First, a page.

Activism, social media and the resources sector

Activism, social media and the resources sector

For the majority of the world’s more than two billion Facebook users, the social media platform provides an easy way to stay connected with friends, family members, co-workers, travel buddies and the like.

Although the site was originally intended as a means to connect with people you knew personally, it has eventually grown into a tool to unite strangers who share common interests or goals, such as new parents, vegans or those with a penchant for reality TV.

But despite Facebook’s rate of growth continuing to climb by 20 million active users per month – cementing its global status as the most popular social networking site – simply connecting people is no longer enough.

Earlier this year, Facebook announced it would change its mission statement for the first time in its relatively short history. It pledged to shift the site’s focus from making the world more open and connected to giving people the power to build a global network through developing the social infrastructure for community – including informing the public and encouraging civic engagement.

The news came as little surprise to activist movements around the world, who have effectively used the internet for almost 20 years to engage and mobilise support for their causes. The advent of social media sites such as Facebook, Instagram and Twitter just made this online engagement a whole lot easier.

When it comes to spreading information fast, social media and activist movements go hand in hand.  A few minutes tapping out an email, Facebook post or tweet on a smartphone about an issue can reach hundreds of thousands of people in a few seconds – and these are people who may have otherwise had little interest or knowledge of an issue until that moment.

The ease of sharing on social media can increase the reach to millions in a matter of a few hours, increasing awareness in the community that traditional media simply isn’t able to achieve.

The benefit of social media – for at least the activists groups – is that there is little of the fact checking or scrutiny that gets applied in traditional forms of media. And the usual target of their campaigns including big business and resources companies have in contrast been slow to engage, let alone combat, digital activism.

In its defence, big business does not always have the same luxury of rapid response that digital activists have. Facts must be checked and re-checked at many levels before they are made public, a process that can take days at some of the large multi-national companies, by then the debate on social media has well and truly moved on, and the damage is long done.

For a long time, the resources industry has perhaps underestimated the influence of activists on the public perception of the sector, or at least, preferred to sit back and observe rather than participate, which has only fueled the rise in power of their motivated opponents.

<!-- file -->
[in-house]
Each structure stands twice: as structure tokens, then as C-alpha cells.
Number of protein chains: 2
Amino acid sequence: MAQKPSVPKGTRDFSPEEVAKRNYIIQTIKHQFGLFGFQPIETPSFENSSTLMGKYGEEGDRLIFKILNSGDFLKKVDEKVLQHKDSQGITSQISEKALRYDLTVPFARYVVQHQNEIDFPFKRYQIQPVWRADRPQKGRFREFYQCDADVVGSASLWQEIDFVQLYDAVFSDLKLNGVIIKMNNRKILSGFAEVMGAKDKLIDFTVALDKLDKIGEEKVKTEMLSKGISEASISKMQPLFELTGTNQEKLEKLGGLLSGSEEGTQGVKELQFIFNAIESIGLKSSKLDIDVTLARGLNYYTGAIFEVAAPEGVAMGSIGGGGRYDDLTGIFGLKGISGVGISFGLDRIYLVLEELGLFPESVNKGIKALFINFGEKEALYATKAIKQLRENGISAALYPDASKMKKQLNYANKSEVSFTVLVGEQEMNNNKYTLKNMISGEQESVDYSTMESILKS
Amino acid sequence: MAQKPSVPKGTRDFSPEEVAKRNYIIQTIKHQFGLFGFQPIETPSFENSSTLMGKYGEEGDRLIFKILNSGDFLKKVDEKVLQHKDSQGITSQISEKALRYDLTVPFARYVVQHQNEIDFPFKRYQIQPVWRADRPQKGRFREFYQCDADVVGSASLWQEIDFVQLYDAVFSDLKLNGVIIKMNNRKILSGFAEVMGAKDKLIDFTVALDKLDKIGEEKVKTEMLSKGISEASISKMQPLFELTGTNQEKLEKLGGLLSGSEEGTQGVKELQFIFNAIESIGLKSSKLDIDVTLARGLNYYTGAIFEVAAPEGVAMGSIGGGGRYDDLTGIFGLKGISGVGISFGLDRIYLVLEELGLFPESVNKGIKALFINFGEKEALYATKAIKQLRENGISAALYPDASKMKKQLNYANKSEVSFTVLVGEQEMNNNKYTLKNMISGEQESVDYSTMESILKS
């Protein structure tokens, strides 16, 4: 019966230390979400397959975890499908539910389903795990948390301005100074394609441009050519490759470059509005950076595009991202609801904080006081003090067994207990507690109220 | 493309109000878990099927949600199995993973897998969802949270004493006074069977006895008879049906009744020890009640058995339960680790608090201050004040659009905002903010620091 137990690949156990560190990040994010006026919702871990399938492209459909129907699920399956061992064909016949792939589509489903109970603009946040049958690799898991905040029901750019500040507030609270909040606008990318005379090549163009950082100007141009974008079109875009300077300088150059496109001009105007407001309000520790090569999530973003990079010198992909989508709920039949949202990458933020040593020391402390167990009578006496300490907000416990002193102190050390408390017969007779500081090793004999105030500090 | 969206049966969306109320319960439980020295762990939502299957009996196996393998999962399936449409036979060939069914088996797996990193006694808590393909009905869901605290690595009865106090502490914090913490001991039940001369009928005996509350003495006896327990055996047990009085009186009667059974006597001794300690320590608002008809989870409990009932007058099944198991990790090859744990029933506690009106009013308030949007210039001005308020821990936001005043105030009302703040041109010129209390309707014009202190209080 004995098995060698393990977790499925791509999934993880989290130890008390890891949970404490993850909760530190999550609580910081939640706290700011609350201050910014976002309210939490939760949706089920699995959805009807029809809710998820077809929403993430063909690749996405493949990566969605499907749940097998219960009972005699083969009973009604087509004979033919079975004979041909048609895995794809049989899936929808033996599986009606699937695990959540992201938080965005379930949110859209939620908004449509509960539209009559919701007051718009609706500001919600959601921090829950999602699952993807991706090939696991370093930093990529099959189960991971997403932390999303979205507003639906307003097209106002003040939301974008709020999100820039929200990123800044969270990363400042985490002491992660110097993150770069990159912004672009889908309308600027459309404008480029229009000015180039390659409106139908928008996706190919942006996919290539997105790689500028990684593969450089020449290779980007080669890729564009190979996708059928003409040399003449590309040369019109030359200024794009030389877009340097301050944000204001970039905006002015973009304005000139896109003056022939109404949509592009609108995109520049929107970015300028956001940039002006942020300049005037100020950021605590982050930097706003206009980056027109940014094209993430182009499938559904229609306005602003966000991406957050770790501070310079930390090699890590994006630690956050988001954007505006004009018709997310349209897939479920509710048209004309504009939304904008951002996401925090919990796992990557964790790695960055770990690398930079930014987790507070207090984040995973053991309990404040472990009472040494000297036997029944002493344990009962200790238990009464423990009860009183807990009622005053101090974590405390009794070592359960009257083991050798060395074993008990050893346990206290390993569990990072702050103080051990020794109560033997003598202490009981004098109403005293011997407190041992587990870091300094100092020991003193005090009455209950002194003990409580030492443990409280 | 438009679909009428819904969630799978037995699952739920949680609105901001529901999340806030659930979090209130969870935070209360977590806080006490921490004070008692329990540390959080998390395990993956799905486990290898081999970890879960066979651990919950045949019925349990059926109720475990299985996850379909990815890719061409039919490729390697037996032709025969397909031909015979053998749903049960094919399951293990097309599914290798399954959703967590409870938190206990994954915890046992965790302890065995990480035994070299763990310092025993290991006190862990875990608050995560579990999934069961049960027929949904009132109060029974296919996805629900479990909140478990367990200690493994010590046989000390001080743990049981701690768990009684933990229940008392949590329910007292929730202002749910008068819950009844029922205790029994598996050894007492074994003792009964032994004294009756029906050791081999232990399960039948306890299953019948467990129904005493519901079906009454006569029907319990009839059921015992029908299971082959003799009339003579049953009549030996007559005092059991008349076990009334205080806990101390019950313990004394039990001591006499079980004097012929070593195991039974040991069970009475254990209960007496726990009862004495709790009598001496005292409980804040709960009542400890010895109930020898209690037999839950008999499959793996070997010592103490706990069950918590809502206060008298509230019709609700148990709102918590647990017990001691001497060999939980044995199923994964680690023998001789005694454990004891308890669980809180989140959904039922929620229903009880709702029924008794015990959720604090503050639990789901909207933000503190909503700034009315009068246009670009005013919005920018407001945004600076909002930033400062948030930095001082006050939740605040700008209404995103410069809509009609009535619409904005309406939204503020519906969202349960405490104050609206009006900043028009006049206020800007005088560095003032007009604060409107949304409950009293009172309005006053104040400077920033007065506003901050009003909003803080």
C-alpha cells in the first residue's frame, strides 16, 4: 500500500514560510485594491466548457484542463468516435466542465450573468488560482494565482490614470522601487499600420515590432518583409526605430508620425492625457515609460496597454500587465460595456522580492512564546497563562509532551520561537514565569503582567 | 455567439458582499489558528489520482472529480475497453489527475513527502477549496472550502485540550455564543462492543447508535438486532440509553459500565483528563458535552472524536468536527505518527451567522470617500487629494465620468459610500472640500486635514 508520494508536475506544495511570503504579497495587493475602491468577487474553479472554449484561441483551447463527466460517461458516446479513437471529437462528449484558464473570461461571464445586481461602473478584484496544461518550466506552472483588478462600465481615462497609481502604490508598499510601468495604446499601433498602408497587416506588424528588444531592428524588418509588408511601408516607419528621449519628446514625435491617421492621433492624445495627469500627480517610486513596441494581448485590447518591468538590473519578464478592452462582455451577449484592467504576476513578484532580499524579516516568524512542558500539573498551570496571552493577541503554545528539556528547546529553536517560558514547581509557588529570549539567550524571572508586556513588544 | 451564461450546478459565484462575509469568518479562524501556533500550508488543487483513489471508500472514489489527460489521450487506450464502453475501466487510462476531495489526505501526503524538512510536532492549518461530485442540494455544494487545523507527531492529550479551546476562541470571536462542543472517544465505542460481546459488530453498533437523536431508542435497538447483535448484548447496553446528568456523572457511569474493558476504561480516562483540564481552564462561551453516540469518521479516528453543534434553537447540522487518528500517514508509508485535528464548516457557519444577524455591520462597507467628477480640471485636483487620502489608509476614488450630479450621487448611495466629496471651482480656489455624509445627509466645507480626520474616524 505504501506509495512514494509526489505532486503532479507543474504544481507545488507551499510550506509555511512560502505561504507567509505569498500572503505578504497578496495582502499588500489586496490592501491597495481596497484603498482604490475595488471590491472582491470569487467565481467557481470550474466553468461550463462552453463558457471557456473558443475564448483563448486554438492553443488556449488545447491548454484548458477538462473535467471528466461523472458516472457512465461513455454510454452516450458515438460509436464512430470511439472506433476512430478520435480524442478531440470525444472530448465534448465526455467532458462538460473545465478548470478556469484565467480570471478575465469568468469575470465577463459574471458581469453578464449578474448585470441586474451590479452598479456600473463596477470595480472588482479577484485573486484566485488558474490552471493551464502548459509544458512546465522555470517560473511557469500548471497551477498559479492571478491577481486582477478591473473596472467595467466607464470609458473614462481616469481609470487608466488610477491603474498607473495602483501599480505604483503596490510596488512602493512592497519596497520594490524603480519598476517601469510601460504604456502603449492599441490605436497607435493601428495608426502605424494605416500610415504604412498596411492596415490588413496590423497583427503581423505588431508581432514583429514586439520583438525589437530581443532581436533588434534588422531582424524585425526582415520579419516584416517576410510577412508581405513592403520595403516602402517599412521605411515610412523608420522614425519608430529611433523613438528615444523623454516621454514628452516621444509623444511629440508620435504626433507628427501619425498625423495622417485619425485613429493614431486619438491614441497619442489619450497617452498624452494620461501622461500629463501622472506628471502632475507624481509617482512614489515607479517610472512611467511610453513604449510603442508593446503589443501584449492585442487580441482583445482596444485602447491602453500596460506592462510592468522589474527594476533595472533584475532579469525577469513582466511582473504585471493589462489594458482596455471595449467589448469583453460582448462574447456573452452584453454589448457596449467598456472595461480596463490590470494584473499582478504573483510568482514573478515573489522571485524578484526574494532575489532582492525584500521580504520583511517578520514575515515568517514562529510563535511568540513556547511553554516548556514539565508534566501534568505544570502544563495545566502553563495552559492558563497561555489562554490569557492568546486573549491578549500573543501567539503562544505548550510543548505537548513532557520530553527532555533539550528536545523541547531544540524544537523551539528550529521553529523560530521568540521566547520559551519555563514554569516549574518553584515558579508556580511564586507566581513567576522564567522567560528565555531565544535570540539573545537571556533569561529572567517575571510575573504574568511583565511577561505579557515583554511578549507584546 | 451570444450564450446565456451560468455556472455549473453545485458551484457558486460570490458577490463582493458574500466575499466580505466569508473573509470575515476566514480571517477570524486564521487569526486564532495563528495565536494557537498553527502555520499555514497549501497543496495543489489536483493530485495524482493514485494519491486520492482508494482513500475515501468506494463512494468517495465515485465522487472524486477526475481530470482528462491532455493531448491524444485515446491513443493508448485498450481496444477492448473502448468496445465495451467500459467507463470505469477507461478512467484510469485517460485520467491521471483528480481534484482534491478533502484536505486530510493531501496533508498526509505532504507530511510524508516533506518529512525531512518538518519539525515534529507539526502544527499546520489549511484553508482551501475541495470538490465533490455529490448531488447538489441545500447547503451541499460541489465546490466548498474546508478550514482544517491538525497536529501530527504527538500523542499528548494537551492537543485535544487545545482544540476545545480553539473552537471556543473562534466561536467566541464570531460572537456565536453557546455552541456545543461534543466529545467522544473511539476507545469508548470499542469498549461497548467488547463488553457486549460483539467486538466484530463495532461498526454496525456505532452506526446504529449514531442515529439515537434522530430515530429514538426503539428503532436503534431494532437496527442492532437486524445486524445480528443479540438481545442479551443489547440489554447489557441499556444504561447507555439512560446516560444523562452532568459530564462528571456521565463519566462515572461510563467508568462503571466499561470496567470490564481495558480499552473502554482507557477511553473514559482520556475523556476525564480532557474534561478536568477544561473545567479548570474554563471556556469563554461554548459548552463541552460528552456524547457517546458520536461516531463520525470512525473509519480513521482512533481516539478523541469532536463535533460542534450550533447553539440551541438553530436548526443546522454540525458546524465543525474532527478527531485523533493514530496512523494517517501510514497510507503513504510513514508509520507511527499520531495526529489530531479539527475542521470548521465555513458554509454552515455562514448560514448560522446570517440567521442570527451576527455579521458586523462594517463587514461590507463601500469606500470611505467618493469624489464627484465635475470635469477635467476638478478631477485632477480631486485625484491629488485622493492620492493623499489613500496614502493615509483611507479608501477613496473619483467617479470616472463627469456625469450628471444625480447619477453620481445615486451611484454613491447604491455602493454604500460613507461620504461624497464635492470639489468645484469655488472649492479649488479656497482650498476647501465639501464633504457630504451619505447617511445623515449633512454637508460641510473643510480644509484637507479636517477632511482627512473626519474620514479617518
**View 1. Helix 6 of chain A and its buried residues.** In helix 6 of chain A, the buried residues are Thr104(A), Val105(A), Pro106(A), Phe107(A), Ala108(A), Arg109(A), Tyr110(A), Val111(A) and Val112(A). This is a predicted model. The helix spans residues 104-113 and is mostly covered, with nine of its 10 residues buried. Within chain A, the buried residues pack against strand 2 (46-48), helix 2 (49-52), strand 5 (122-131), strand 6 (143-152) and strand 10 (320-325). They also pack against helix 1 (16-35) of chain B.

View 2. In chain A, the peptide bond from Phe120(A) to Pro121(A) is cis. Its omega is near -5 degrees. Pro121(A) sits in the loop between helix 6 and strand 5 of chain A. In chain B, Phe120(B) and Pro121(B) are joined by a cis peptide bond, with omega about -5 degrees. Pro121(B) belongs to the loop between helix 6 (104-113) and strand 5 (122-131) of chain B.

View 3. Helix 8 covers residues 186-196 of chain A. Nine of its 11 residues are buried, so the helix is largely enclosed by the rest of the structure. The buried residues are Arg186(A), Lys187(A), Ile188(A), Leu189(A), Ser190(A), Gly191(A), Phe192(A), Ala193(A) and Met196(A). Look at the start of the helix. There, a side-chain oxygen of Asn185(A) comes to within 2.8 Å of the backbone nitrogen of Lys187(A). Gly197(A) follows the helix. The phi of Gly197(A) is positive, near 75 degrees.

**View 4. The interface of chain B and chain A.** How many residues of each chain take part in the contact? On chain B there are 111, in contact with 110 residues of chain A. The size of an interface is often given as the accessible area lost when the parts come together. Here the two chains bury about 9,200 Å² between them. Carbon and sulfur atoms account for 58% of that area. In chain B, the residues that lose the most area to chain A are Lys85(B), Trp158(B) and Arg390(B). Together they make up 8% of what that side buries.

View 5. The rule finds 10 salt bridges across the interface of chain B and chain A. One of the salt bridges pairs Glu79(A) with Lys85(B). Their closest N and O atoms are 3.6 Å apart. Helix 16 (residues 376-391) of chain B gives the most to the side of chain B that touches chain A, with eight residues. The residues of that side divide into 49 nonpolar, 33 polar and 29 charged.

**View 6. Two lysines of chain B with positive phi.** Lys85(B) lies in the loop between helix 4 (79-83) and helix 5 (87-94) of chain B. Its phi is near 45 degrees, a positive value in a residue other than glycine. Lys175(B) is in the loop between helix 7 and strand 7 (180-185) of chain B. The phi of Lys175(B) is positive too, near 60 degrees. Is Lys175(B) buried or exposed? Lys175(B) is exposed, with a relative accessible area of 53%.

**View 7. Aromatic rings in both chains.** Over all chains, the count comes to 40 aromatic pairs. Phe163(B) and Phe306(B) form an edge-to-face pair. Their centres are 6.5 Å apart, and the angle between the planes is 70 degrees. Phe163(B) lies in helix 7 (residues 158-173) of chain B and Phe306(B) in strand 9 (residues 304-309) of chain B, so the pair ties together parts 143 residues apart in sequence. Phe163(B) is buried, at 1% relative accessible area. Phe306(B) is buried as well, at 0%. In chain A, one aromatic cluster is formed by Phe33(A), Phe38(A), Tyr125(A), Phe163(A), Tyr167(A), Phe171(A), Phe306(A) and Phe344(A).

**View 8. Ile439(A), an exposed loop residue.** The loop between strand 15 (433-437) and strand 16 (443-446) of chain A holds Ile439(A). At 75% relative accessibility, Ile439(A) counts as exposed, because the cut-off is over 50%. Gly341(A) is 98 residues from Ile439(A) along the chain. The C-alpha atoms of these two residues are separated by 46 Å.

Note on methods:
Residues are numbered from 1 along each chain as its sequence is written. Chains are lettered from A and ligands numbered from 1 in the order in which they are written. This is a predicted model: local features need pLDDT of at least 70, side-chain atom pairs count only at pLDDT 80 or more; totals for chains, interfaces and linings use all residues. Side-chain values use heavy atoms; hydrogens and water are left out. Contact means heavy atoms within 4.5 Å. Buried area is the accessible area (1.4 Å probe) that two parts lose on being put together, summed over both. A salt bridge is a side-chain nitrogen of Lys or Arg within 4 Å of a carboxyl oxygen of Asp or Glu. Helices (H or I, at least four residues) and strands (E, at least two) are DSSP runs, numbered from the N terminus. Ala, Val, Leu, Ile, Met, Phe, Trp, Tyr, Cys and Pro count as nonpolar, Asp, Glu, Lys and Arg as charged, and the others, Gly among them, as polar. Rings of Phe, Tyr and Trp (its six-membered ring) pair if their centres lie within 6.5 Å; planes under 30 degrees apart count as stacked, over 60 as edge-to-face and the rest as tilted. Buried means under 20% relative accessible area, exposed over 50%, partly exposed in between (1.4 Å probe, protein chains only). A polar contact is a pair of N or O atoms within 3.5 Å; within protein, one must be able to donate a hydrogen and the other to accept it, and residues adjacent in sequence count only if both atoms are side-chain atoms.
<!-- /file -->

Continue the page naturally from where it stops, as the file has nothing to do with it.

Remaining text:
This is congruent with the goal Facebook is hoping to achieve with its new mission statement – giving power to the people to make a change in the world by using its platform to mobilise support, collaborate and ultimately build a community – in this case, a community of activists. This comes with the freedom of not having to work within the responsibility and confines of the formal structures that big business and governments are constrained by.

The resources sector must learn – fast – how to fight back against social activist groups, who are extremely well resourced and very effective in developing campaigns to directly speak to the public using social media, particularly thanks to the new video and live streaming tools that many digital platforms including Facebook and Instagram now offer.

Images and video are powerful in conveying messages that are otherwise lost in text.  In fact, the brain can process visual information 60,000 times faster than the time it takes for it to decode text.

In today’s competitive market where the smartphone reigns supreme, the thumb is in charge and three seconds is all you have to capture the attention of someone scrolling through their Facebook or Instagram feed while they sit on the train, stand in line to order a coffee or watch their favourite TV show.

So rather than continue to talk in dispassionate terms with facts and figures, the industry needs to use these social media tools to more effectively communicate and demonstrate our valuable contribution to society.

These economic and societal contributions are provided while maintaining our environmental responsibility to world-class standards. It is imperative for the resources sector to communicate this important message to our communities to ensure we maintain our social license to operate.

Simply sitting back and doing nothing is no longer an option in a time where the conversation that is taking place in the online world is influencing the decision-making of our key stakeholders in the real world.

It is time for the resources sector to be a part of that conversation.

Julie Kordic

Director – Corporate Services

The Chamber of Minerals and Energy of Western Australia

Article published in Minesite 2017, 13th edition WA Mining Club Inc